Research: Possible link between periodontal disease and cancer
Friday, August 11, 2017
Periodontal disease, an advanced form of gum disease, is known to have links with many ailments, including diabetes, chronic hypertension and more. Recent studies have shown another unfortunate connection: Periodontal disease was found to increase the likelihood of developing different types of cancer.
The Centers for Disease Control and Prevention (CDC) claims more than 47 percent of adults over age 30 and more than 70 percent adults over age 65 have some form of periodontal disease. Additionally, women are less likely than men to have this problem, but it still affects almost 40 percent of all adult women in the United States.
Jean Wactawski-Wende, Ph.D., a leading epidemiologist at the State University of New York at Buffalo, worked with colleagues from different institutions in the U.S. to study this troublesome connection between periodontal disease and cancer in post-menopausal women. The study included more than 65,000 women of ages 54-86. A majority of these women were white (non-Hispanic), and all were participants in the Women's Health Initiative Observational Study.
The study's subjects recorded their diagnoses of gum disease from 1999-2003. Then, participants were monitored for cancer until September 2013. The average follow-up time period of each woman was 8.32 years. Unfortunately, 7,149 women were diagnosed with varying forms of cancer during this period.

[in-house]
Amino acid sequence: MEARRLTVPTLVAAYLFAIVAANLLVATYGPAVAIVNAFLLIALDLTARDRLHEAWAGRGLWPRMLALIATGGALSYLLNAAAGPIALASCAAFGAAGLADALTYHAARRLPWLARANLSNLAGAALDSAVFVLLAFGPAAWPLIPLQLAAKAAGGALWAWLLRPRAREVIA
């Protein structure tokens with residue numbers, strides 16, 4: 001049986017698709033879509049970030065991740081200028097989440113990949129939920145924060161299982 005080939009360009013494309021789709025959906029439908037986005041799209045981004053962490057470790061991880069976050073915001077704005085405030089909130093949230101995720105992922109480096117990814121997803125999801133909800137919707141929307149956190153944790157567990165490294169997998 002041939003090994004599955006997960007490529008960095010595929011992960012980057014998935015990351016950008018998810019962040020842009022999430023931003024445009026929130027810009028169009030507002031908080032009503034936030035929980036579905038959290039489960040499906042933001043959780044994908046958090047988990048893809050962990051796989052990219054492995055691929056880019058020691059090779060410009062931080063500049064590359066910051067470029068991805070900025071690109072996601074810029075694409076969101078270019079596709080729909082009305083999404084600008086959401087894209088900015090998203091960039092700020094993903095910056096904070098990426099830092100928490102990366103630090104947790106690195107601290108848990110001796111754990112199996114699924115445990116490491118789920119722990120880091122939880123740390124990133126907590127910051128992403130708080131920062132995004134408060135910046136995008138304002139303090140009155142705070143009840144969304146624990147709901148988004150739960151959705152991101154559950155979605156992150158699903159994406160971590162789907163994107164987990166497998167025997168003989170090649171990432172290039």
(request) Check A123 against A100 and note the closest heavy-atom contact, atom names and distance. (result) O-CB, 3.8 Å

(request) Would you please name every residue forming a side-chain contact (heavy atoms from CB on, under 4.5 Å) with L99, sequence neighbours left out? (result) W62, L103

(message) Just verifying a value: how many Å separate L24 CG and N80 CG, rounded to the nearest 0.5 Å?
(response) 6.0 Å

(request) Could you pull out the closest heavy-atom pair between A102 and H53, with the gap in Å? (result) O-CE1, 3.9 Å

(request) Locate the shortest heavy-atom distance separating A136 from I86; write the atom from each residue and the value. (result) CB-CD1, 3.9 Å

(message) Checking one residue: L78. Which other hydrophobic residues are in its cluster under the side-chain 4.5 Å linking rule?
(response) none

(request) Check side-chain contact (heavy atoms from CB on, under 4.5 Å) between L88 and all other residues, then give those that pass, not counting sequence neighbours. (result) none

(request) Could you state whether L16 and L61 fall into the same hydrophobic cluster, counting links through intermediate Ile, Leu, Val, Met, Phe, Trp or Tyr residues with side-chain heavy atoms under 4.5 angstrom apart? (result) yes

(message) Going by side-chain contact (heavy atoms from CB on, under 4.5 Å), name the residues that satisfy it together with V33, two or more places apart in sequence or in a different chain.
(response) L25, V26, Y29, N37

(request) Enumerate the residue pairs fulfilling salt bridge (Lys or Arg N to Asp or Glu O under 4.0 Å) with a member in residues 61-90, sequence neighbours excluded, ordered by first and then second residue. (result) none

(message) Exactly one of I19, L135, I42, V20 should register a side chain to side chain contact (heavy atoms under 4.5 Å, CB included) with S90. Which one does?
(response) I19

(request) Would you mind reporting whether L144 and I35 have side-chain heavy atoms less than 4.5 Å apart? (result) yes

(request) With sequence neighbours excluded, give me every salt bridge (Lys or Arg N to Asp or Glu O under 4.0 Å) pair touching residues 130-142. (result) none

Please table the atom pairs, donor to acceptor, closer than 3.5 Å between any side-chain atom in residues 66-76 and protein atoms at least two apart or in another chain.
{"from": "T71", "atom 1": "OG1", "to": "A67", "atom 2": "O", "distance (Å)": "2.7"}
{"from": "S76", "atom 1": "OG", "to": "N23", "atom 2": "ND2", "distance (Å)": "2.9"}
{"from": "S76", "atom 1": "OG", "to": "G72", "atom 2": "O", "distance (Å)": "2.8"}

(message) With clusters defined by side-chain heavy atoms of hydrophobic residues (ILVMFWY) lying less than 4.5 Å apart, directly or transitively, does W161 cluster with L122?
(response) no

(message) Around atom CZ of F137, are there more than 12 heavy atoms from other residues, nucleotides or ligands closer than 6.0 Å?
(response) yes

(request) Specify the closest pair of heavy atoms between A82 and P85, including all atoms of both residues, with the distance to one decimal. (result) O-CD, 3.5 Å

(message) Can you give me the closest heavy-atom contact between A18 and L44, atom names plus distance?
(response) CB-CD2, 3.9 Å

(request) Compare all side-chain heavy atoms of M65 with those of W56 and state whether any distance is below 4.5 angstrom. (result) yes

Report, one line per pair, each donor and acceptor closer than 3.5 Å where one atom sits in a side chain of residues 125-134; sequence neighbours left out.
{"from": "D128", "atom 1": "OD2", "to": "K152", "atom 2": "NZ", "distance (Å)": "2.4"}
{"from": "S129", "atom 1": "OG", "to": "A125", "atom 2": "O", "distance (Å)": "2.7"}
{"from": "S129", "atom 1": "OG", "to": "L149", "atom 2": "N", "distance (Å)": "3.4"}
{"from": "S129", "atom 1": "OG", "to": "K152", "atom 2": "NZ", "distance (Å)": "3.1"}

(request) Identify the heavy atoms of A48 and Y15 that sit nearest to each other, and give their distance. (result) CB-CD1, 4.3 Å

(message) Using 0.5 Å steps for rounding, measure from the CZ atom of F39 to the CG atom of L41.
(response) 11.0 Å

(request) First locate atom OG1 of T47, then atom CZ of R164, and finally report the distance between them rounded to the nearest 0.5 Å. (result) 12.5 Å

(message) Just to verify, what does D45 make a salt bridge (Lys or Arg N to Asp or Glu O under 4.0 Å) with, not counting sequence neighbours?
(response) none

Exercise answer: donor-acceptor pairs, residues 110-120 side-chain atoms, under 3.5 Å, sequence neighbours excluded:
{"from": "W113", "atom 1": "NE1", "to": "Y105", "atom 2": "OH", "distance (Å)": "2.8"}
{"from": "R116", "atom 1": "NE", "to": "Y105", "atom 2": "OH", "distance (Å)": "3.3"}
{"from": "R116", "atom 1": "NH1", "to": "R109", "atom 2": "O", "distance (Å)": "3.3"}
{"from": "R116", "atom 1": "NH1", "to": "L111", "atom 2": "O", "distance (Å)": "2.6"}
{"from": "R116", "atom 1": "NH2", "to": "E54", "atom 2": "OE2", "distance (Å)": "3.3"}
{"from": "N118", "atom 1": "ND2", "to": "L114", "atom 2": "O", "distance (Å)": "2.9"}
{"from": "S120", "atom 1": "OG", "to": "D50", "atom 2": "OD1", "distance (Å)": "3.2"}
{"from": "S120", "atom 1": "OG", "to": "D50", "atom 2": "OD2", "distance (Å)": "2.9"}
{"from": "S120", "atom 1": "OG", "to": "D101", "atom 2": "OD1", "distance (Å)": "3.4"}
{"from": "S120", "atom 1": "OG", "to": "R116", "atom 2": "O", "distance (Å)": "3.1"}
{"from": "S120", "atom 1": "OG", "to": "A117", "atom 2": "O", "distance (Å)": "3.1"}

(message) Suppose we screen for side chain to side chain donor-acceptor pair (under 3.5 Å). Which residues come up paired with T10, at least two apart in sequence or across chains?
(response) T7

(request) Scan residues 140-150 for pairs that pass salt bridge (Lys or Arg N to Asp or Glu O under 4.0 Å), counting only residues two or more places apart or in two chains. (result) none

Researchers recognized that those participants who had reported previous gum disease diagnoses were 14 percent more likely to have developed cancer. Of the 7,149 cases of cancer, 2,416 patients had developed breast cancer. Esophageal and gallbladder cancers were prominent as well.
Wactawski-Wende was not surprised by the connection between gum disease and esophageal cancer.
"The esophagus is in close proximity to the oral cavity, and so periodontal pathogens may more easily gain access to and infect the esophageal mucosa and promote cancer risk at that site," she said.
However, the researchers were more taken aback by the link between gallbladder cancer and periodontal disease.
"Chronic inflammation has also been implicated in gallbladder cancer, but there has been no data on the association between periodontal disease and gallbladder risk. Ours is the first study to report on such an association," said Ngozi Nwizu, an assistant professor of oral and maxillofacial pathology at the University of Texas Health Science Center at Houston.
The study results were published earlier this month in the journal, Cancer Epidemiology, Biomarkers & Prevention. The researchers hope to use this information in future studies, and they also hope it will help bring a heightened awareness of the possible health complications in older women for their doctors and dentists.
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